• 7 Desktop Tools and Development Environment to save to different formats. To read in a MAT-file, select File > Import Data, or use the load function. For More Information See “MATLAB Workspace” in the MATLAB Desktop Tools and Development Environment documentation and the reference pages for the who, clear, save, and load functions. Variable Editor Double-click a variable in the Workspace browser, or use openvar variablename, to see it in the Variable Editor. Use the Variable Editor to view and edit a visual representation of variables in the workspace. View and change values Arrange the display of of elements. documents in the Variable Editor. View the class and size. Use the document bar to view other variables you have open in the Variable Editor. For More Information See “Viewing and Editing Workspace Variables with the Variable Editor” in the MATLAB Desktop Tools and Development Environment documentation and the reference page for the openvar function.7-20
  • Managing Files in MATLAB®Managing Files in MATLAB In this section... “How MATLAB Helps You Manage Files” on page 7-21 “Making Files Accessible to MATLAB” on page 7-21 “Using the Current Folder Browser to Manage Files” on page 7-22 “More Ways to Manage Files” on page 7-24 How MATLAB Helps You Manage Files MATLAB provides tools and functions to help you: • Find a file you want to view, change, or run • Organize your files • Ensure MATLAB can access a file so you can run or load it Making Files Accessible to MATLAB MATLAB limits where it looks for files so it can locate them more quickly. To run or get help for an M-file, or to load a MAT-file, the file must be in one of these locations: • MATLAB current folder • A folder that is on the MATLAB search path Similarly, files called by files you run also must be in one of these locations. Special cases are: • Private, class, and package folders • When there are multiple files with the same name accessible to MATLAB By default, files provided with MathWorks products are in folders on the search path. You do not have to do anything for MATLAB to access the files. These files are in matlabroot/toolbox. To determine the location of matlabroot, run the matlabroot function. 7-21
  • 7 Desktop Tools and Development Environment By default, the search path also includes a folder named MATLAB where you can store files that you and other users create. To determine the location of the MATLAB folder, run the userpath function. To access files in any other location, either: • Make the folder containing the files be the current folder • Add the folders containing the files to the search path. Note Do not store files under matlabroot/toolbox, or you could experience problems. Using the Current Folder Browser to Manage Files The Current Folder browser is a key tool for managing files. Open the Current Folder browser by selecting Desktop > Current Folder from the MATLAB desktop.7-22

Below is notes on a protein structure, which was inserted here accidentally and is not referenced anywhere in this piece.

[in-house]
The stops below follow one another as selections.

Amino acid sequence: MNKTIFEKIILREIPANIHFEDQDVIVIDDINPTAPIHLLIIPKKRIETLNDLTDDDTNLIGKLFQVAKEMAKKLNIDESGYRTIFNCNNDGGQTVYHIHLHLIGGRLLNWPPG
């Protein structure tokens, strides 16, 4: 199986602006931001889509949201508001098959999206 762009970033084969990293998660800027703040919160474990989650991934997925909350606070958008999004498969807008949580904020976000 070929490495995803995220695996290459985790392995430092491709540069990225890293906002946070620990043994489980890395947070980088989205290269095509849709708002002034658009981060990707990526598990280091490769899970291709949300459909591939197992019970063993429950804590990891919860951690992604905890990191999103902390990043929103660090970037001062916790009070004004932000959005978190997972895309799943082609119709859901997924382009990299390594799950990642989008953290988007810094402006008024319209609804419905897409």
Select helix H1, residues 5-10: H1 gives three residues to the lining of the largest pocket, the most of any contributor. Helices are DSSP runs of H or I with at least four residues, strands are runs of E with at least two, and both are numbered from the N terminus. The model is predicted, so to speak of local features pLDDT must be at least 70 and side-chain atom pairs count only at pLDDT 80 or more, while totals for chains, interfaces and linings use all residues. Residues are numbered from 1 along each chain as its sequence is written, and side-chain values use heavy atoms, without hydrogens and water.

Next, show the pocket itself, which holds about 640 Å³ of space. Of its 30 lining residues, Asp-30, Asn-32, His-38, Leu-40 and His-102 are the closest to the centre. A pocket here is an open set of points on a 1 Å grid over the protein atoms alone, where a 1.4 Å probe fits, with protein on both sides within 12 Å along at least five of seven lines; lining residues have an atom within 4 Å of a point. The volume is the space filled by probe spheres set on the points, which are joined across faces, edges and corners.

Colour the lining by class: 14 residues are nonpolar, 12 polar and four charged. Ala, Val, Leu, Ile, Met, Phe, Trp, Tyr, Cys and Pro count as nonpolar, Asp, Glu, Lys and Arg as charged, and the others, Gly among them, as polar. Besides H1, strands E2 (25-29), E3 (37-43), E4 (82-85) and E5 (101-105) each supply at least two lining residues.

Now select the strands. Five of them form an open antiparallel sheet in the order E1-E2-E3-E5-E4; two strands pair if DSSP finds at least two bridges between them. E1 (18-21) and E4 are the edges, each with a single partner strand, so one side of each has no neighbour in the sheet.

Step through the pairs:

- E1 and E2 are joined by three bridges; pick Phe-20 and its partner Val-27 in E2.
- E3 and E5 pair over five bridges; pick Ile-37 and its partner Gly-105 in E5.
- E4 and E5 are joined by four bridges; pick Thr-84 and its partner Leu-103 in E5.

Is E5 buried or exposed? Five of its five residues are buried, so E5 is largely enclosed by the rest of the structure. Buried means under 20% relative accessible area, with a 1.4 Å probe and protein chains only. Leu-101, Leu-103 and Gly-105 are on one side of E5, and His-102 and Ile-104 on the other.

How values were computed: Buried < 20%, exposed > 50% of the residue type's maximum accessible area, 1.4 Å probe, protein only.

• Managing Files in MATLAB®Use the Current Folder browser to:• See the contents of the current folder.• View and change the current folder using the address bar.• Find files and folders using the search tool .• Arrange information about files and folders using the View menu.• Change files and folders, such as renaming or moving them. 7-23
  • 7 Desktop Tools and Development Environment • Run, open, get help for, and perform other actions on the selected file or folder by right-clicking and using the context menu. More Ways to Manage Files • Change the search path using the Set Path dialog box. To open it, select File > Set Path. • Find files and content within files across multiple folders using the Find Files tool. To open the tool, select Edit > Find Files. • View and change the current folder using the Current Folder field in the desktop toolbar. • Manage files programmatically using functions. See the function category, “Workspace, Search Path, and File Operations”. For More Information See “Managing Files in MATLAB” in the MATLAB Desktop Tools and Development Environment documentation7-24
  • Finding and Getting Files Created by Other Users — File ExchangeFinding and Getting Files Created by Other Users — FileExchange Use files created by other MATLAB users to save you time and provide you with new ideas for your own work. Users who want to share their files submit them to the File Exchange repository at The MathWorks Web site. You can then: • Access the repository using the File Exchange desktop tool. • Log in using your MathWorks Account. • Use the tool to find, view details about, and download files to use. 7-25
  • 7 Desktop Tools and Development Environment For an overview, watch this video: Accessing the File Exchange from the MATLAB Desktop. For More Information See “File Exchange — Finding and Getting Files Created by Other Users” in the MATLAB Desktop Tools and Development Environment documentation.7-26
  • EditorEditor In this section... “Editing M-Files” on page 7-27 “Publishing M-Files” on page 7-29 Editing M-Files Use the Editor to create and debug M-files, which are programs you write to run MATLAB functions. The Editor provides a graphical user interface for text editing, as well as for M-file debugging. To create or edit an M-file use File > New or File > Open, or use the edit function. 7-27